Carrying on from where I left off, here are my next five hidden gems waiting to be discovered in London.
Eltham Palace, Eltham
This has one helluva history but cutting the long story short, Eltham Palace started life as a royal medieval manor before being saved by the glamorous Coulthard family and converted into a stylish art deco home of the 1930’s.
Despite the renovations done over the years, many of its medieval pasts have been preserved. In fact, it has one of the best preserved medieval halls in England going back as far as the 15th century. There’s even a moat around the palace too.
The moment you enter the building you’re transported back in time (just in time for cocktails in fact). The art deco reflects the cutting-edge design of the 1930’s and the artistic and intellectual interests of its owners, Stephen and Virginia Courtauld. It’s remained that way now and you get a feel for the glamorous lifestyle the 1930’s. You have a handy audio guide in different languages that talk you through the history of the building. It’s an impressive home with so many rooms to explore and secret passageways to discover.
Eltham Palace is huge, inside and outside, and even has an ornamental garden, a picnic and play area. It even has a bunker to protect the owners from the London bombing during the great world war.
It is a ticketed attraction which at the time of writing is £13.60 (without gift aid) but it is worth every penny and beautiful to visit in the summer. It may be far out in Eltham but with Severndroog Castle nearby, there’s enough in Eltham to justify a visit.
The Bowling Alley at Royal Naval College
I’ve visited the Old Royal Naval College a million times. It’s one of my favourites places in London. But when I was first told of this bowling in Greenwich I was a little perplexed. Where is this bowling alley you speak of?! How could I have missed it?! It just goes to show just how secret this place is.
The Skittle Alley is an underground Victorian Bowling Alley. Once an old infirmary, it was then converted into a bowling alley to relieve the boredom of naval pensioners in the times when the royal naval college was in active use by the navy.
Hidden beneath the grand building of the Old Royal Naval College, under St Peter and St Paul chapel opposite the Painted Halls, you can see and even impress your mates (or date) your game with the wooden cannonballs. It’s a proper challenge. Not only are they heavy but there are no holes likes you’d find at every bowling alley to hold and release the ball with your fingers. Man up – you’re going to have to bowl it under-arm!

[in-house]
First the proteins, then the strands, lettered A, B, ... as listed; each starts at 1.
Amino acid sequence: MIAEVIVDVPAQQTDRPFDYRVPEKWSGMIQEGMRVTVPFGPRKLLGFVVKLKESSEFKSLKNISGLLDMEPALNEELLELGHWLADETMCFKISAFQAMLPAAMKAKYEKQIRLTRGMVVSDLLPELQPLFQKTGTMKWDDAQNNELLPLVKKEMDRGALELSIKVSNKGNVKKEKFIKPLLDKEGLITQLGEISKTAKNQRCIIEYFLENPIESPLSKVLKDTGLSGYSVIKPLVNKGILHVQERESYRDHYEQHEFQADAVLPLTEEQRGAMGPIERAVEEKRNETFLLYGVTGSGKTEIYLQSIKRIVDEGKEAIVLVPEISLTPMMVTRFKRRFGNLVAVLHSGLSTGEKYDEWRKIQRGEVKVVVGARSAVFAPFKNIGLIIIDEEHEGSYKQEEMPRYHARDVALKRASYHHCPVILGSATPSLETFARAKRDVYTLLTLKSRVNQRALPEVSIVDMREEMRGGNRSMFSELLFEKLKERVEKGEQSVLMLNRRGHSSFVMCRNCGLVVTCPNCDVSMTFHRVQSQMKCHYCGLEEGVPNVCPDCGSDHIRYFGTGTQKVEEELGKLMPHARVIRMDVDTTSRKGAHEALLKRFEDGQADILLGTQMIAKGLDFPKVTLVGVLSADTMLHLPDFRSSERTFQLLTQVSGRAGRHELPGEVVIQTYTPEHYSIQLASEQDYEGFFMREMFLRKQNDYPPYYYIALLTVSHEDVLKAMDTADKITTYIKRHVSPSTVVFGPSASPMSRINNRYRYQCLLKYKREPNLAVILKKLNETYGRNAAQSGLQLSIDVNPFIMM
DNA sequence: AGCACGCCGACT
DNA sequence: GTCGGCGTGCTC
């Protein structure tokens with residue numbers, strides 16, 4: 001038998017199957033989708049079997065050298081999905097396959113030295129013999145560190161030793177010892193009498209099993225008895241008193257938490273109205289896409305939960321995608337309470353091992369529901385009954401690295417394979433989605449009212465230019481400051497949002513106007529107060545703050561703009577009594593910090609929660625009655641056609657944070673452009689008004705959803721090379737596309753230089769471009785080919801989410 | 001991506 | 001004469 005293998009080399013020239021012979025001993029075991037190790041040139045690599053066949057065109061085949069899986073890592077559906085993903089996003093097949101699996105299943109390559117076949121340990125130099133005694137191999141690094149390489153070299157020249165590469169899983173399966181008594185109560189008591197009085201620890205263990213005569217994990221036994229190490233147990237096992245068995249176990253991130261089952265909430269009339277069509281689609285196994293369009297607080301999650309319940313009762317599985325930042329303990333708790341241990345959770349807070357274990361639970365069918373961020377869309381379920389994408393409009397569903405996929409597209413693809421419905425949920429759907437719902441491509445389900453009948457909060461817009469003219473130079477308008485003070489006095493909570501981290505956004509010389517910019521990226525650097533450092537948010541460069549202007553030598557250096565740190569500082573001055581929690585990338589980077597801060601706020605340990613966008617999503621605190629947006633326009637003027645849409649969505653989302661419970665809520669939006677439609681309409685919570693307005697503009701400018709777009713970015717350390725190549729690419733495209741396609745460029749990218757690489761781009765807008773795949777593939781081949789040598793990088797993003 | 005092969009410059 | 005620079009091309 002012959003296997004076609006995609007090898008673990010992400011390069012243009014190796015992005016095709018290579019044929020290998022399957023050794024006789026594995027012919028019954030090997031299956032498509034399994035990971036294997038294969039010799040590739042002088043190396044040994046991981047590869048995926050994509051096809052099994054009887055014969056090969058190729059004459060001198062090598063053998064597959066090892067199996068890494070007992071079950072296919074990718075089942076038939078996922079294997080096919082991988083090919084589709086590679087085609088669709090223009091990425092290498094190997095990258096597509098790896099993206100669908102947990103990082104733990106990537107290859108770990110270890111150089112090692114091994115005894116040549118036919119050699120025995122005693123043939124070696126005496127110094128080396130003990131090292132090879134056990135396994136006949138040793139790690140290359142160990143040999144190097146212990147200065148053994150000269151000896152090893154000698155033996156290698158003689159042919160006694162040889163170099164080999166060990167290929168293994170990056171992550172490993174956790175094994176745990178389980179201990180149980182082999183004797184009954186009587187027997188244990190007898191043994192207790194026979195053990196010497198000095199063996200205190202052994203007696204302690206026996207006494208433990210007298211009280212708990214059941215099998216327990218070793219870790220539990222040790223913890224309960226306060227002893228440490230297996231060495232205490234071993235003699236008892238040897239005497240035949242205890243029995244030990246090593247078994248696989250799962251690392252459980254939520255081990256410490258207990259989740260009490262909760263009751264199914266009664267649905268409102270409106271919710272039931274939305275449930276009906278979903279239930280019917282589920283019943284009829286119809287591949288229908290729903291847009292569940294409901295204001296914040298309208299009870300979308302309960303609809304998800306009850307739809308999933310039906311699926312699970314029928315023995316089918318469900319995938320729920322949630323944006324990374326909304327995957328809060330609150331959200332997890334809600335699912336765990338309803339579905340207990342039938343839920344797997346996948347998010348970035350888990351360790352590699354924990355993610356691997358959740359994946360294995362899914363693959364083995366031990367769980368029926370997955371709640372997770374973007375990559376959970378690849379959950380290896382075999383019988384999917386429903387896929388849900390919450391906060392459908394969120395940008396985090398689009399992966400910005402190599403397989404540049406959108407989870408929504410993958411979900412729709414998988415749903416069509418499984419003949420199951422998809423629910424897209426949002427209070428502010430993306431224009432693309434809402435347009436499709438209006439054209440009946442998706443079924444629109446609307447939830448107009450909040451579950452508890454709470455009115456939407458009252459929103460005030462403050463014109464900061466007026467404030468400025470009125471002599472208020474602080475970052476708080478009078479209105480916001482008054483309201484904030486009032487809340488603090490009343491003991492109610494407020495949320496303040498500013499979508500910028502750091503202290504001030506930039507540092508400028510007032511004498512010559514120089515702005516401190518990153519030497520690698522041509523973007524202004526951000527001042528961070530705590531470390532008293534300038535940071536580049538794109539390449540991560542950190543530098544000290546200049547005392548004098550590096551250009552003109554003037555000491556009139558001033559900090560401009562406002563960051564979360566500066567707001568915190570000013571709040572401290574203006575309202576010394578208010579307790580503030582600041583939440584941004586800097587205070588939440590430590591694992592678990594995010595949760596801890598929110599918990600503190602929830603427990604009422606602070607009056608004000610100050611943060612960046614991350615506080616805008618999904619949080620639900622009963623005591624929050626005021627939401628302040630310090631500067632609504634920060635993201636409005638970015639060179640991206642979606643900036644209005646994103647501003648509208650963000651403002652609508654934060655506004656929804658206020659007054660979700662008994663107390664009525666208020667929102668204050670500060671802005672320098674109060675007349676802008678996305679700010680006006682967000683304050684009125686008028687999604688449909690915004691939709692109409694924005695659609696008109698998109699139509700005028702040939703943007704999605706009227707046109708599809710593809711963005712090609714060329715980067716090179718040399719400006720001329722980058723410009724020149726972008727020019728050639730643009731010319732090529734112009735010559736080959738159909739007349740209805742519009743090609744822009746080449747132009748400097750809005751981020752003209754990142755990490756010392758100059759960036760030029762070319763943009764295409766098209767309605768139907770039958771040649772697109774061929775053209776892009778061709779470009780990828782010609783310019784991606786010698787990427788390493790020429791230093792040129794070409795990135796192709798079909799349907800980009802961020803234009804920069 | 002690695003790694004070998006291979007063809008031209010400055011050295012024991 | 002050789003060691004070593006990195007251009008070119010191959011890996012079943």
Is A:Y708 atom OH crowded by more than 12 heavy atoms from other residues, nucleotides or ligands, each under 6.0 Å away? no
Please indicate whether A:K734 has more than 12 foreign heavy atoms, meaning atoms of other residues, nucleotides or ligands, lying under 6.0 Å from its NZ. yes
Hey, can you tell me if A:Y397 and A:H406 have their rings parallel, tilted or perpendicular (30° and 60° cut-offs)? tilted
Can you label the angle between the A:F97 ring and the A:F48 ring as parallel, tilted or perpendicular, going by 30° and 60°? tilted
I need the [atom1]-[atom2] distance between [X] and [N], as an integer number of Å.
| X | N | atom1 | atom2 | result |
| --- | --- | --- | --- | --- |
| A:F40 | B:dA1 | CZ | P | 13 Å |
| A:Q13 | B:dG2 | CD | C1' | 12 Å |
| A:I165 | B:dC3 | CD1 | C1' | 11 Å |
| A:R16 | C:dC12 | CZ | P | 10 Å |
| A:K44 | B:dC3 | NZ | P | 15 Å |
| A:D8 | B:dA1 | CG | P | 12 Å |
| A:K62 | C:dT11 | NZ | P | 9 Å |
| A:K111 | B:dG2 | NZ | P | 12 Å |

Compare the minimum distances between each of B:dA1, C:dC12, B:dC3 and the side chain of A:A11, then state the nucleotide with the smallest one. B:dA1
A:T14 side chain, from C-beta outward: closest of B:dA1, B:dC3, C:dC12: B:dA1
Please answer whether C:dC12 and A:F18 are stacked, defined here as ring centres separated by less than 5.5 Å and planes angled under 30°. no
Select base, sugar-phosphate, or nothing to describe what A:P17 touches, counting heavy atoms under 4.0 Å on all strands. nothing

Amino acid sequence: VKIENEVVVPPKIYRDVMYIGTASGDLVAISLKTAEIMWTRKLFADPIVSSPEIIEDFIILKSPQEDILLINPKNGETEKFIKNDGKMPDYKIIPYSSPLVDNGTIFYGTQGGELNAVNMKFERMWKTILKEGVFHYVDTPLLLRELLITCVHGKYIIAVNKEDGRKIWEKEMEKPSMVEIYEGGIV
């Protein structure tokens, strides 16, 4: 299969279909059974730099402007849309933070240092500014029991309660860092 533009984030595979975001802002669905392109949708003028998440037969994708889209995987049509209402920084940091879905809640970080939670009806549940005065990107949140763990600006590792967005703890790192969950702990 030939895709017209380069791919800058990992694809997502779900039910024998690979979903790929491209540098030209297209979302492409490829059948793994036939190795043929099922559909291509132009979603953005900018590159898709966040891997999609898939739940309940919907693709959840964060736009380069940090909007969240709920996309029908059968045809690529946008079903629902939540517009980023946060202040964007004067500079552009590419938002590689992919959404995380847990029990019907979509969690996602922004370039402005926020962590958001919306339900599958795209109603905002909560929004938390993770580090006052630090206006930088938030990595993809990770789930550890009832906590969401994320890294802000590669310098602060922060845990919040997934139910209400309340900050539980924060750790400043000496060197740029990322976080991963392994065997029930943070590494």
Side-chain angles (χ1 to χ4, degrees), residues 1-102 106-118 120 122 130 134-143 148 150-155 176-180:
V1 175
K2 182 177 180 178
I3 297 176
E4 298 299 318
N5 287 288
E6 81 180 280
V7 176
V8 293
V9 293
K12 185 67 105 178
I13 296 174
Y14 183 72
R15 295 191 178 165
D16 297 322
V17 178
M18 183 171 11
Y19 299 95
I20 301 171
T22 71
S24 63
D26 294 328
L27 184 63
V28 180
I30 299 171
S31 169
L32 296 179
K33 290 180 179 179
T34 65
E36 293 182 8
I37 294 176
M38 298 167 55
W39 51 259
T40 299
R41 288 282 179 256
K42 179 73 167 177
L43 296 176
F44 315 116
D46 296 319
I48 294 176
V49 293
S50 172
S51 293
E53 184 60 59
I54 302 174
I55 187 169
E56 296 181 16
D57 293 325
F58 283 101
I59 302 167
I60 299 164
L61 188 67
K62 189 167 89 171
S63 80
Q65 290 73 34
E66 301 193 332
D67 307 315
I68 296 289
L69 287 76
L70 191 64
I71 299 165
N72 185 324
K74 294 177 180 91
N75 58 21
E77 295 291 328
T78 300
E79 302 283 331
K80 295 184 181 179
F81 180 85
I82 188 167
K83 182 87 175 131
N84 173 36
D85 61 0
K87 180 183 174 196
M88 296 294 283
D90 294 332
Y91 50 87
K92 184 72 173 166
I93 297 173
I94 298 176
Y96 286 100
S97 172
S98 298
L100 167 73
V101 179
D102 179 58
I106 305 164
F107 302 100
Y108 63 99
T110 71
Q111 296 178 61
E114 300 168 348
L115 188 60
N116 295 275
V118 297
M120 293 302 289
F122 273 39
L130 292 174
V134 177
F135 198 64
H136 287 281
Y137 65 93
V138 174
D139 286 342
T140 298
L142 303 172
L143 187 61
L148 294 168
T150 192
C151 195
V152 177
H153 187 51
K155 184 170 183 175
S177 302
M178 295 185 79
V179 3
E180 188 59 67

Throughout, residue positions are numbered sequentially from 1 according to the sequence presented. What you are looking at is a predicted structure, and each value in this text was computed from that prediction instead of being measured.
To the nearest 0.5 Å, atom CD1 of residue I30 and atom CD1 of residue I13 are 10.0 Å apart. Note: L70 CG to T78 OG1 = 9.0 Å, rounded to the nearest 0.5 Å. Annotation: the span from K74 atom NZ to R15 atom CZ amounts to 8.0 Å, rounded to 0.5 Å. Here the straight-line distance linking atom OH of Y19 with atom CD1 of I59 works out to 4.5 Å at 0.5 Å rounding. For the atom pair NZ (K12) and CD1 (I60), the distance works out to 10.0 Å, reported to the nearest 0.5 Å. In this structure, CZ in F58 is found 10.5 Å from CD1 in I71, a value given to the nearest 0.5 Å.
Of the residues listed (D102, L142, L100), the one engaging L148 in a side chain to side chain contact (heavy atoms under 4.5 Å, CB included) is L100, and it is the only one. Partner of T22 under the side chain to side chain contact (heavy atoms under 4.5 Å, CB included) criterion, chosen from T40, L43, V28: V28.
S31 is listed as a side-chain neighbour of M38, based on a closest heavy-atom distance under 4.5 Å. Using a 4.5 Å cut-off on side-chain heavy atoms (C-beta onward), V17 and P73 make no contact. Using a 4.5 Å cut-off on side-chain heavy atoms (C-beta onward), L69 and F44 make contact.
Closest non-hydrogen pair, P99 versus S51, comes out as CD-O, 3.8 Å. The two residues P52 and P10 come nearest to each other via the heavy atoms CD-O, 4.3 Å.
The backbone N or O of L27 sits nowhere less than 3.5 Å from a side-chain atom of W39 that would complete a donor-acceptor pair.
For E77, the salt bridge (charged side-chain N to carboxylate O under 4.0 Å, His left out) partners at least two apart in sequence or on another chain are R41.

It’s free to enter but sadly, opening times to the public is very limited, open only at certain hours. If I were you, I’d keep an eye on their website to find out when it does.
Dennis Severs House
By now, you can probably tell I’m a huge fan of history. In fact, it was my favourite subject at school. Carrying on with the history theme, Dennis Severs House is a time-capsule attraction in Spitalfields which I enjoyed immensely. The moment you step through the threshold, you’ve warped back in time to the 17th and 18th century England.
I was amazed and still am as to how very immersive and how very real it felt, right down to the last detail from the creaking floorboards, the haphazardly arranged items, the hissing teapots, crackling fireplace, the unmade beds and the half-eaten food. It’s like the family who lived here and had just left a few moments ago.
Only a few minutes walk away from Liverpool Street station, there are five floors to explore from the basement all the way to the top to the master bedroom.
The only source of light is from candle lights which all casts dancing shadows along the walls everywhere you go, and the entire is conducted in deathly silence. It is a bit creepy inside and feels a little haunted. I found myself all alone in the attic at one point. I’m not on to scare easily, but I was then.
It’s an intimate portrait of an English family and life in Spitalfields going back more than 300 years. I noticed that even the facade of this street around Dennis Severs still looks out of place in these modern times.
Sadly, no photography is permitted inside. But it’s unlike any other place in London you’ll ever find and it’s the most immersive experience I’ve ever been through. The best days to visit are on Monday lunch time and all-day Sunday when entrance fees are at it’s cheapest at £10 and they only accept cash. There’s a small queue but on a Sunday, but I waited for no more than 15 minutes.
Wat Buddhapadipa (let’s just call it the Thai Temple, eh?) is a traditional Thai Buddhist temple in Wimbledon South East London. Not far from the famous Wimbledon Tennis Association, it’s a home for the monks and nuns but welcomes everyone of every faith. It’s also the first of such temples to be built in the UK apparently. It’
There’s a zen flower garden and the Uposotha that houses the golden statue of Buddha. You’d think you are actually in Thailand. The best time to go is in the Thai new of Songkran which takes place over 2 days between 13-15 April. It will be busy but this truly is a slice of Thailand and London will feel a long way away.
Not many people know, but behind the monolithic facade of the Barbican is an exotic oasis on the 3rd floor of the Barbican Centre.
Covered by a glass roof, the Barbican Conservatory is one of the biggest in London and a home to tropical plants, trees and even marine life. There’s even a greenhouse humid climates are recreated and where plants typically found in the dessert grow including cactuses.
Opened only on Sunday, you can even book yourself a luxurious afternoon tea inside this leafy sanctuary. There’s no better way for a Sunday stroll than in this hidden gem.
Tell me, have you visited any of these hidden gems? How did you find it? Have I missed any? Let me know!